Yes and no. Carrots contain vitamin A, or retinol, and this is required for your body to synthesise rhodopsin, which is the pigment in your eyes that operates in low-light conditions. If you have a vitamin A deficiency, you will develop nyctalopia or night blindness. Eating carrots would correct this and improve your night vision, but only to the point of an ordinary healthy person – it won’t ever let you see in complete darkness.
The idea that it might is due to a myth begun by the Air Ministry in World War II. To prevent the Germans finding out that Britain was using radar to intercept bombers on night raids, they issued press releases stating that British pilots were eating lots of carrots to give them exceptional night vision. This fooled the British public, as well as German High Command and an old wive’s tale was born.
Vitamin A is also important for helping your body's natural defence against illness and infection work properly and keeping skin and the lining of some parts of the body, such as the nose, healthy.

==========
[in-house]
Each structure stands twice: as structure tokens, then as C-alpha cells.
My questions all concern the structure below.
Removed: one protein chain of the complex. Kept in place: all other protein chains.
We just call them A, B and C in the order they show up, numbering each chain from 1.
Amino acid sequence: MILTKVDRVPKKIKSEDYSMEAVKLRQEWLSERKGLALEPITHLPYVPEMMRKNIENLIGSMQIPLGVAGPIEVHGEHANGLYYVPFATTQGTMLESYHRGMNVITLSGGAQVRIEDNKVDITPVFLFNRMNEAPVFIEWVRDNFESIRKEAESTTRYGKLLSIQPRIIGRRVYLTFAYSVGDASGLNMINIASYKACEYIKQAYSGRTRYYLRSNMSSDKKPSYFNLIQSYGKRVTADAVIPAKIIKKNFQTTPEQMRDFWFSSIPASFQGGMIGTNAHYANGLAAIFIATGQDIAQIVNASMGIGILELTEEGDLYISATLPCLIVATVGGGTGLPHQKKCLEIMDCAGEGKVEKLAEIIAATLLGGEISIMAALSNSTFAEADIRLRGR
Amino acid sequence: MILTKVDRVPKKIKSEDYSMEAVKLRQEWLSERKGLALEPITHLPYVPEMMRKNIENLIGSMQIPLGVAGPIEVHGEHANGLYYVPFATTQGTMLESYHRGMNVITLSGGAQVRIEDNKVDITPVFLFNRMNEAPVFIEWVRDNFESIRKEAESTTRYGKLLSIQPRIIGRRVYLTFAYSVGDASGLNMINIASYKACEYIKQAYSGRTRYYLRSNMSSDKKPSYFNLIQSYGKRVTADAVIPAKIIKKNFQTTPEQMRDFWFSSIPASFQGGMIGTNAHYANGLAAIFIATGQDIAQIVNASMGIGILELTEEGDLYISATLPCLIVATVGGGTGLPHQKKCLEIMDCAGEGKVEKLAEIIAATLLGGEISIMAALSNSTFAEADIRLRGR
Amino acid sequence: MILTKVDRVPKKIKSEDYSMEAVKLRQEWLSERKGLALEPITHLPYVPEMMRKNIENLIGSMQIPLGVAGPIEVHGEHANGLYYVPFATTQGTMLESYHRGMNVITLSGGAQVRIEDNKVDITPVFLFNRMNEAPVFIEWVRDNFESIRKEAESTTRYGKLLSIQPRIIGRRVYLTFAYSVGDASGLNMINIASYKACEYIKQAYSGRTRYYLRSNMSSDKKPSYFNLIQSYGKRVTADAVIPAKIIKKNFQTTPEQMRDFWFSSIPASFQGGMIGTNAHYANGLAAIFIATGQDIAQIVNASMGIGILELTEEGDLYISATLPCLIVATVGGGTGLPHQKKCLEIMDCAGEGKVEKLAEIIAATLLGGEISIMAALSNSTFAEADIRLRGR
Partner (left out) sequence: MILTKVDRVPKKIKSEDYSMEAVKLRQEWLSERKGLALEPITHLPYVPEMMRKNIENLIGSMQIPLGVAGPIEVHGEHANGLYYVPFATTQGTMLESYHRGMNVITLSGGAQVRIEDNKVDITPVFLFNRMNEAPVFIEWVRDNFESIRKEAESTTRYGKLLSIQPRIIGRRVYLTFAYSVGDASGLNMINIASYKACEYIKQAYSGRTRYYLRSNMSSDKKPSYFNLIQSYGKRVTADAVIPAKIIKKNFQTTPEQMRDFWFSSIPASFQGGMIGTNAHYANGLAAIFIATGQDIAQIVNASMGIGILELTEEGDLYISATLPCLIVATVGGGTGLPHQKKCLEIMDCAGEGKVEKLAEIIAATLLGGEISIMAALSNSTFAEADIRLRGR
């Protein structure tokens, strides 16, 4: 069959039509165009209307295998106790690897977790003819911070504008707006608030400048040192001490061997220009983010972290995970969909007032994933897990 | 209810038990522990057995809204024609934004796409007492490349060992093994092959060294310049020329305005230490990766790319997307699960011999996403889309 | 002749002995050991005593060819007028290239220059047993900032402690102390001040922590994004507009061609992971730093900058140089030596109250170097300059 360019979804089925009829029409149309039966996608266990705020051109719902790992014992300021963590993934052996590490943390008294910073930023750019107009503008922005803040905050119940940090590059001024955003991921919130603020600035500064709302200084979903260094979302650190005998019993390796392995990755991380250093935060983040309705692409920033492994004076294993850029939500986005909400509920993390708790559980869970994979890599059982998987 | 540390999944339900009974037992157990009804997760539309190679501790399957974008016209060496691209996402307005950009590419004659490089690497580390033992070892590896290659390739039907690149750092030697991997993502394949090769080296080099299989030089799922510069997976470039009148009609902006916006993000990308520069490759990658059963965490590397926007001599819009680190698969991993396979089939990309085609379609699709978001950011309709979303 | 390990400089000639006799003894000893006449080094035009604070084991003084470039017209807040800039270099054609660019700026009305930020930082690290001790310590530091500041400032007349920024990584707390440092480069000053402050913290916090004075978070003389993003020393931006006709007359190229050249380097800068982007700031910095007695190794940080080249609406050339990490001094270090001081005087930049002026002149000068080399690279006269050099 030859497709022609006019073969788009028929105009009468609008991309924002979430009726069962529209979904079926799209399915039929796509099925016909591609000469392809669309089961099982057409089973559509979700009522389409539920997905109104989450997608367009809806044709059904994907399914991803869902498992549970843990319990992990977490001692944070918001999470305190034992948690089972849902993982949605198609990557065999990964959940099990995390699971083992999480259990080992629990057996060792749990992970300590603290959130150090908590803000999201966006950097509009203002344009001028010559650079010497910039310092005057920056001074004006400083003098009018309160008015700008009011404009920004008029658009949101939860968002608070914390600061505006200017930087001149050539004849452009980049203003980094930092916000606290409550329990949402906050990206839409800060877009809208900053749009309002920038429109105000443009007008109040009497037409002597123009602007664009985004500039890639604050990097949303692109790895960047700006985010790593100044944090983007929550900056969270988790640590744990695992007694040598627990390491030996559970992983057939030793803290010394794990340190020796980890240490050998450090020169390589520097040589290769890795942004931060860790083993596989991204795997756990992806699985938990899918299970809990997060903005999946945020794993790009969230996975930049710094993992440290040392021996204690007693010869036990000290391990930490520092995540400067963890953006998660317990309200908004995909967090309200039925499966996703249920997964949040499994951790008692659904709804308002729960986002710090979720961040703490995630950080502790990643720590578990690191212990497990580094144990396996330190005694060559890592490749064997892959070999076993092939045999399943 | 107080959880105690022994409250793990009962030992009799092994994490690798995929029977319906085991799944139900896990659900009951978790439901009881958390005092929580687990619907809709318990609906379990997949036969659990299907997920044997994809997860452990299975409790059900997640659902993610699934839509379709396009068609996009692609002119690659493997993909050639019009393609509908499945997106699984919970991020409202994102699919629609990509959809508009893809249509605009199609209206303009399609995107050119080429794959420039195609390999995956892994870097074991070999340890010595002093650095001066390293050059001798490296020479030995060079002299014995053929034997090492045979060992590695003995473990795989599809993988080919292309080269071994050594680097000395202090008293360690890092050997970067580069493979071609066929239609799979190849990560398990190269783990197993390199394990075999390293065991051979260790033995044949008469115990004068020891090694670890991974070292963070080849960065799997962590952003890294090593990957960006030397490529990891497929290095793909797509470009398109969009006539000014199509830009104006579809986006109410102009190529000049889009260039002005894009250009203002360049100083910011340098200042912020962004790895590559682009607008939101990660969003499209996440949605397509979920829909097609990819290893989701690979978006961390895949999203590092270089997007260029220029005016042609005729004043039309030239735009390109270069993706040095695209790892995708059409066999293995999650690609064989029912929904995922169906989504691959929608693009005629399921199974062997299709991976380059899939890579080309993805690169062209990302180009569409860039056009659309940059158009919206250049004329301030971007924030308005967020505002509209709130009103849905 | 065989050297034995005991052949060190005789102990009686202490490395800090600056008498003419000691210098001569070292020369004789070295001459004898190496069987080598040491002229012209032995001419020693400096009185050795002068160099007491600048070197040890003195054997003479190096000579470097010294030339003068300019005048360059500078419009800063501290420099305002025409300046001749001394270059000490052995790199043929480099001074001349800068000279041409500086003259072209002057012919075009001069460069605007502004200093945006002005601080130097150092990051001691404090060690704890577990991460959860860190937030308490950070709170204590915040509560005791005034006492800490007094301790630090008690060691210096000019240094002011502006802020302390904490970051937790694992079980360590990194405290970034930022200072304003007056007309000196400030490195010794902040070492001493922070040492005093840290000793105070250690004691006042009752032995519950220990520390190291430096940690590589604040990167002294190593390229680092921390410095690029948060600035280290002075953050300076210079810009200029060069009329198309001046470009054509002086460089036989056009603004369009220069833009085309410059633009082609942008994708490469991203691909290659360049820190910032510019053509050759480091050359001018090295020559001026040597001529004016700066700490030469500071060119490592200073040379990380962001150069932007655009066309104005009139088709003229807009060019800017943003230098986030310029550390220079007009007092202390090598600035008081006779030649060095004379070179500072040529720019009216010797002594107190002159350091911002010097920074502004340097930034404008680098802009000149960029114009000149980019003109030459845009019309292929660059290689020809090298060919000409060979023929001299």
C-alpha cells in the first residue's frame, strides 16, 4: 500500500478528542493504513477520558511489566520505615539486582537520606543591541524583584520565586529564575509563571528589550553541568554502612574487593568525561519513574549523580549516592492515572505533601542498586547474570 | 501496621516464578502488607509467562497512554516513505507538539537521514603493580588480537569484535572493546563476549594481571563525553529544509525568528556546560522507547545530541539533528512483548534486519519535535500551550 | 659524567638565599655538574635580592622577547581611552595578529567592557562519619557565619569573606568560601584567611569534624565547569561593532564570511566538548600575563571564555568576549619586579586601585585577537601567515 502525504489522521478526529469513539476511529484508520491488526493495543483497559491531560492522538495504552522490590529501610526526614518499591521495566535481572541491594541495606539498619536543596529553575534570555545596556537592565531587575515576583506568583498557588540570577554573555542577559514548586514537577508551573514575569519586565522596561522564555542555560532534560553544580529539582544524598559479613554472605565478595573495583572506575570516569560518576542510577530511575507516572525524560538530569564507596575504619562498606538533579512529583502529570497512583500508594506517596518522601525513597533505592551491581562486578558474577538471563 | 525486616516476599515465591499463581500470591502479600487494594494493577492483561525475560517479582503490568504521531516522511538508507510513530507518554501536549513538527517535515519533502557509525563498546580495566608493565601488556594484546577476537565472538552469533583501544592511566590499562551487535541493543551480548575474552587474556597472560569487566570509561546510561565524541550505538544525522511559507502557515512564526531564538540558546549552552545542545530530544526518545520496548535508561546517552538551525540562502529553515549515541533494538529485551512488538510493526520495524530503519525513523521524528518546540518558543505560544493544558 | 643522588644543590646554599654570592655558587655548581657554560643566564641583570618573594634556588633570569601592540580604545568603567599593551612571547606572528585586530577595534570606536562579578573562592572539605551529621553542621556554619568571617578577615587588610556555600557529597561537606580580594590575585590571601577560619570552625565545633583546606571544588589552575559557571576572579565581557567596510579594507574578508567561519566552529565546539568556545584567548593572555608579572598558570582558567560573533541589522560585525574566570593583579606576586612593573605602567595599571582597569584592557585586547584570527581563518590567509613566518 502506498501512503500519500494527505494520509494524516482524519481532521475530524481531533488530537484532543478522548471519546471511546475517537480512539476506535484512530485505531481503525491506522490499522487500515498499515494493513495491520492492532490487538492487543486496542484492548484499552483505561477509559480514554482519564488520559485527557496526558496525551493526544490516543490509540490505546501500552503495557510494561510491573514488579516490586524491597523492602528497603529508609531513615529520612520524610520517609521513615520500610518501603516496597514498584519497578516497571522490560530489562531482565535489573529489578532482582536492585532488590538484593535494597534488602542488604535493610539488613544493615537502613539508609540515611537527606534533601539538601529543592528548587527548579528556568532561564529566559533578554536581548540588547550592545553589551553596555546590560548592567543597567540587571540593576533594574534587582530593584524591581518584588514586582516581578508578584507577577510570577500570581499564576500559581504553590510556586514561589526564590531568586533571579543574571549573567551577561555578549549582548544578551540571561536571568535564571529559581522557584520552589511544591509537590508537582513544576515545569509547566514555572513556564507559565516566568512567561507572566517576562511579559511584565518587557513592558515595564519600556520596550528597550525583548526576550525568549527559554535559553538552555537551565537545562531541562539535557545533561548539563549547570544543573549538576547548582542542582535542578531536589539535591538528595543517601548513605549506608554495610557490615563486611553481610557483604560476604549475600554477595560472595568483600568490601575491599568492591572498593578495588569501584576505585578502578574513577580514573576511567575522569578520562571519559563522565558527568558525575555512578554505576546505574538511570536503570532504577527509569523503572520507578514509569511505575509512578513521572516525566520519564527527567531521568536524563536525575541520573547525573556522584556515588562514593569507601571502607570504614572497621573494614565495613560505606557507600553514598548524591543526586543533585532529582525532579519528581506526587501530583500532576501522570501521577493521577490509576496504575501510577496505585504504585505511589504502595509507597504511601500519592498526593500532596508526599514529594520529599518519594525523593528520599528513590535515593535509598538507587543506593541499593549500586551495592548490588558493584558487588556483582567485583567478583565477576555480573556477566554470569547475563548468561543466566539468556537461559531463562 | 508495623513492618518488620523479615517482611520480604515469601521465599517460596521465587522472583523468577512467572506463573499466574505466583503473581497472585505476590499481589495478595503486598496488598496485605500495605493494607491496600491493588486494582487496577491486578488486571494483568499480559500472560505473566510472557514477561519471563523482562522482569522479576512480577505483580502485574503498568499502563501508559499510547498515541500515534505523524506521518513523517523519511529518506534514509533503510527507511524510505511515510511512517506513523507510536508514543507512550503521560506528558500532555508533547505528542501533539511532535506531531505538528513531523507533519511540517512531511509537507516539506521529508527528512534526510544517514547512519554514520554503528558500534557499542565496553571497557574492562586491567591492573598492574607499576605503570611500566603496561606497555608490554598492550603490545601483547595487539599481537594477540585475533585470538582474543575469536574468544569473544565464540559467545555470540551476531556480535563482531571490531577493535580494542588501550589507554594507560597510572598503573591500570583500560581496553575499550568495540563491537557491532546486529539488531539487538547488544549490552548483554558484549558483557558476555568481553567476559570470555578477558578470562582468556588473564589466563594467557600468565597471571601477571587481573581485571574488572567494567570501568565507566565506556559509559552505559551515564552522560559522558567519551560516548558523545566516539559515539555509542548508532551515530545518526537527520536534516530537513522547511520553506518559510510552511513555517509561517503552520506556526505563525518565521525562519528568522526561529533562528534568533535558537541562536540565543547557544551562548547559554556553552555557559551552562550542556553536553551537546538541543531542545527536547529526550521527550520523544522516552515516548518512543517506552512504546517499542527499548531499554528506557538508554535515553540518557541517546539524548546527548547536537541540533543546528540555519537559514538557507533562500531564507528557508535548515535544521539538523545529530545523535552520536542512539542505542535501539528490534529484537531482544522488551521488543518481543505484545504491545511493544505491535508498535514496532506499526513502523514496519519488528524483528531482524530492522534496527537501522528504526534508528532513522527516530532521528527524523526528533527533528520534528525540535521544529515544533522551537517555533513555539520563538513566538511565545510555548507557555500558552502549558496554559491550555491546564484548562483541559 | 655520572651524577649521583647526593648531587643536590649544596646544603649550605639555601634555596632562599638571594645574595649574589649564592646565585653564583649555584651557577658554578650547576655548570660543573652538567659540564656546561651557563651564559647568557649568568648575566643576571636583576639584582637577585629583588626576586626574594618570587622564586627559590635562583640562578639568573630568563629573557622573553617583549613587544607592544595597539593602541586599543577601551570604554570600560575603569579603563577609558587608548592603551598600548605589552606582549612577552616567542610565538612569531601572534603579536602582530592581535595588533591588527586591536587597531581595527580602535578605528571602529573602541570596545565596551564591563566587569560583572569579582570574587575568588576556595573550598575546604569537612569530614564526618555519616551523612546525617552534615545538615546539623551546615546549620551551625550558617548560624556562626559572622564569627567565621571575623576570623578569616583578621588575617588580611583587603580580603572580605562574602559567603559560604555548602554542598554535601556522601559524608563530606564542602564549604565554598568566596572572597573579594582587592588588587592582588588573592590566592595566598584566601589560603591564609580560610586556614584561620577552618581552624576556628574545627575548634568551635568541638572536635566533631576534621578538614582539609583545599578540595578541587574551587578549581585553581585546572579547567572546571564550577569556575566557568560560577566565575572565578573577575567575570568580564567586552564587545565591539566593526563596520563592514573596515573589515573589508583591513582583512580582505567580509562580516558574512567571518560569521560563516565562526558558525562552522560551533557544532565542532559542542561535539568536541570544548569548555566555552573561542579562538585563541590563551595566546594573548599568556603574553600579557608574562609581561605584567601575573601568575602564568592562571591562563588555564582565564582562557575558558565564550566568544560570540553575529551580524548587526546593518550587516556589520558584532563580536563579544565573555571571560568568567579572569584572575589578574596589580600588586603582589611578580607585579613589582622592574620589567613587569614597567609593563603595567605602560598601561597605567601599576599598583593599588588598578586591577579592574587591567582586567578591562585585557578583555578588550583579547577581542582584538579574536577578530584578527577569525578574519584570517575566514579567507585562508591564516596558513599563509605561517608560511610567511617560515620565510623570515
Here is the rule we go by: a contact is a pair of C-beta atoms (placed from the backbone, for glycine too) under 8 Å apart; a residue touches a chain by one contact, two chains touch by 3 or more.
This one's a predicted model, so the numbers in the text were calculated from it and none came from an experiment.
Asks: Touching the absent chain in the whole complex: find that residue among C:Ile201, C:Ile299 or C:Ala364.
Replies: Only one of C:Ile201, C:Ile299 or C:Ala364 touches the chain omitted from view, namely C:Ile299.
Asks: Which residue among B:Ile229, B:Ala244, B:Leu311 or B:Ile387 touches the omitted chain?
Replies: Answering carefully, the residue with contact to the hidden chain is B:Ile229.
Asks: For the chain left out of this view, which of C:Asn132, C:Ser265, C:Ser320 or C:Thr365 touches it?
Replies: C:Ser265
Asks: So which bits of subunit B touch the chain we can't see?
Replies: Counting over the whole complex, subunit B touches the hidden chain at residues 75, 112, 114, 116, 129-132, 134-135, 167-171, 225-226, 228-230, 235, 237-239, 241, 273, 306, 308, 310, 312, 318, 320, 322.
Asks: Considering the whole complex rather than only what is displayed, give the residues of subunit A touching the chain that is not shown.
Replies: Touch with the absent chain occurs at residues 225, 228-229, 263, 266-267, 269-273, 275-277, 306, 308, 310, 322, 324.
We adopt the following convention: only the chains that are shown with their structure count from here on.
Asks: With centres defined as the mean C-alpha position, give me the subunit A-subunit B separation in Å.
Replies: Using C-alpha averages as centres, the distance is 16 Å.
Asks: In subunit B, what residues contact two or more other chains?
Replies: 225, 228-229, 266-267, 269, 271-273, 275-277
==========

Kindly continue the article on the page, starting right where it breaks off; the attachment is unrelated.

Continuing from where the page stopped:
Good sources of vitamin A
Good sources of vitamin A include:
· oily fish
· fortified low-fat spreads
· milk and yoghurt
· liver and liver products such as liver pâté – this is a particularly rich source of vitamin A, so you may be at risk of having too much vitamin A if you have it more than once a week (this is particularly important if you're pregnant)
You can get vitamin A by including good sources of beta-carotene in your diet, as the body can change this into vitamin A.
The main food sources of beta-carotene are:
· yellow, red and green (leafy) vegetables, such as spinach, carrots, sweet potatoes and red peppers
· yellow fruit, such as mango, papaya and apricots